I would just say that if you like these kinds of books and don't mind all the gore and content, then you'll like this one. It's not really my type of read since I like my books much cleaner.

Content: Language, references to sex, innuendo, crude dialogue, gruesome murder, drinking.
Source: Received a complimentary eARC from the publisher through NetGalley, which did not influence my review in any way.
Profile Image for Dark Faerie Tales.
2,274 reviews545 followers
September 25, 2016
Review courtesy of Dark Faerie Tales

After has Lana boldly kissing her crush, jumping into the water from too high up, and living with nerve and mischief. But after also has horrors, deaths that only make sense in fairy tales, and terrors from a past Lana thought long forgotten: Love, blood, and murder.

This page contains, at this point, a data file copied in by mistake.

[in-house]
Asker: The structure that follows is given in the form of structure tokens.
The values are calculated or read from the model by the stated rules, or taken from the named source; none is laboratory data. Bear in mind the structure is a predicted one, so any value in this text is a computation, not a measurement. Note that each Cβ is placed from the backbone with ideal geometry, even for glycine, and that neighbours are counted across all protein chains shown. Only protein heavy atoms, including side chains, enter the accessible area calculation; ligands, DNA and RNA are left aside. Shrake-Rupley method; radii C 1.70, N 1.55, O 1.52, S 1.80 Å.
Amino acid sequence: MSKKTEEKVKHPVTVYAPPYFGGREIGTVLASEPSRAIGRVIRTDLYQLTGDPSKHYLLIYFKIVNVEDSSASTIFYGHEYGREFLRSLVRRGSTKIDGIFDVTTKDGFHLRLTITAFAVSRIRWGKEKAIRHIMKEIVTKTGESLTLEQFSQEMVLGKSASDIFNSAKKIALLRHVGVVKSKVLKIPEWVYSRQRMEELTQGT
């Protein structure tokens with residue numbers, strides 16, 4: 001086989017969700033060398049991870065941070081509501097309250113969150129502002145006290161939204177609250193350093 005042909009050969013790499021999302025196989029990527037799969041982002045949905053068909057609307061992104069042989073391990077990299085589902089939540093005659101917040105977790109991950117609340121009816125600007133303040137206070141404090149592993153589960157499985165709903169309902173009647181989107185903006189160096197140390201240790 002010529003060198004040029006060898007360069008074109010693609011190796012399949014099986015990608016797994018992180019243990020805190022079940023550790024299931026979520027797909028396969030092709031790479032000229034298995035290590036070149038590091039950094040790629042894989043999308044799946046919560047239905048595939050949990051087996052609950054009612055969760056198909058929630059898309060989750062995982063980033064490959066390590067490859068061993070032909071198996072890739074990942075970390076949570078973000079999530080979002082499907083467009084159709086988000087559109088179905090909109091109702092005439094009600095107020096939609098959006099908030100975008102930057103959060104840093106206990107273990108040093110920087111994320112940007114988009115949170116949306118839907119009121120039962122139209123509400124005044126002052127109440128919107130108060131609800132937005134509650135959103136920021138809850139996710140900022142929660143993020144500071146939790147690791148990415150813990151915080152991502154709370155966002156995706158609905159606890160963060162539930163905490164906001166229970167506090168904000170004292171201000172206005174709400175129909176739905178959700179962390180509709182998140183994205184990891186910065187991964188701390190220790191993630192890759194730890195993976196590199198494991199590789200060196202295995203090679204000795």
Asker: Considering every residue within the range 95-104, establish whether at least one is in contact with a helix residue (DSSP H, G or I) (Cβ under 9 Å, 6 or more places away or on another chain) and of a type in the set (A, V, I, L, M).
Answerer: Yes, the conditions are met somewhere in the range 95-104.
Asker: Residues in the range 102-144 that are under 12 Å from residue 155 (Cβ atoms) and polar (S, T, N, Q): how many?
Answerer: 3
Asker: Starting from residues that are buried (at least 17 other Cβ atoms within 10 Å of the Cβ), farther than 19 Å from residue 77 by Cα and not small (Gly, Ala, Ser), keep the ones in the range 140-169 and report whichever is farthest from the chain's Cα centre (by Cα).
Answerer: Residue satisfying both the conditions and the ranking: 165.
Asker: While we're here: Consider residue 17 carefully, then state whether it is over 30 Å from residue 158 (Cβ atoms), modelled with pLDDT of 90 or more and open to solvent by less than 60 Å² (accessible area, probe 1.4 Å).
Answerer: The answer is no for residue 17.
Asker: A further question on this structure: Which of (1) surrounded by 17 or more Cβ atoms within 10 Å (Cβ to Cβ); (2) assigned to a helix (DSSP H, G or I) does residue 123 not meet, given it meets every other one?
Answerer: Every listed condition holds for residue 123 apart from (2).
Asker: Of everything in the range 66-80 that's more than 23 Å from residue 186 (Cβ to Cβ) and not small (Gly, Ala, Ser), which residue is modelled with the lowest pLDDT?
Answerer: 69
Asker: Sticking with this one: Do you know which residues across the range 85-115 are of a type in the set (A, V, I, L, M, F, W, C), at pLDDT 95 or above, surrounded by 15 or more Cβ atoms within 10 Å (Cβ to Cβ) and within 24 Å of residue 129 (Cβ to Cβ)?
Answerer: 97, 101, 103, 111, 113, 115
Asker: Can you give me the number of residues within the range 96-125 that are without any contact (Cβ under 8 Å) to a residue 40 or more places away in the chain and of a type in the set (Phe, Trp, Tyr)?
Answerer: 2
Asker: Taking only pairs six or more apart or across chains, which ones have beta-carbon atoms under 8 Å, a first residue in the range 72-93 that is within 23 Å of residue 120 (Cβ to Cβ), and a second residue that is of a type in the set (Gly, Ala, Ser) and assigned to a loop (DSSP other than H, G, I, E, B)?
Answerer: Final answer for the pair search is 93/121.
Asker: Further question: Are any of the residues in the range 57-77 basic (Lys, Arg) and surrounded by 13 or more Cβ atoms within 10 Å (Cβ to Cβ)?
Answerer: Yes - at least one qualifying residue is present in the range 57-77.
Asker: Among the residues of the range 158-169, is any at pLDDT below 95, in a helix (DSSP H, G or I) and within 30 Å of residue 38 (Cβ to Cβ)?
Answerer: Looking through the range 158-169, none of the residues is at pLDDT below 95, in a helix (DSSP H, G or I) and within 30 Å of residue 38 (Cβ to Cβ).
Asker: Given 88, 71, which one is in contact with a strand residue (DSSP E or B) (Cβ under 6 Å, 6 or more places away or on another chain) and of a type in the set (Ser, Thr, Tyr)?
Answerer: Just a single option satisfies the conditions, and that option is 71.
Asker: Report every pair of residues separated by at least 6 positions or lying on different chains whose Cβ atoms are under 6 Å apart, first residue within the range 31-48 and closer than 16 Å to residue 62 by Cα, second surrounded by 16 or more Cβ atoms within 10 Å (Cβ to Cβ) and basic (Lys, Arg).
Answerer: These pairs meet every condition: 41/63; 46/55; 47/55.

Quick & Dirty: Twisted mystery that will keep you intrigued the whole way through! I really enjoyed this one and would highly recommend it to thriller/mystery fans!

Opening Sentence: This is what after looks like: me picking my way up to the ridge in my swimsuit; the swollen water of Swisher Spring at the end of summer; girls baking under an orange sun on the boulders; boys cheering for me to jump, even though they’ve been vying for bragging rights all day.

The Review:

Two months ago Lana’s world was torn apart when her stepbrother Ben was brutally murdered. Filled with grief, Lana shutdown until one day the boy she has been crushing on since preschool finally notices her. Suddenly she becomes a member of the core. The core is the group of popular kids who run the school. Until now, most of them would tease and make fun of Lana but now she finds herself one of them. She is more daring, more fearless and more free but then the unspeakable happens. A body is found in their tiny town and it looks like Ben’s killer may have struck again. Will they be able to catch the killer before they strike again?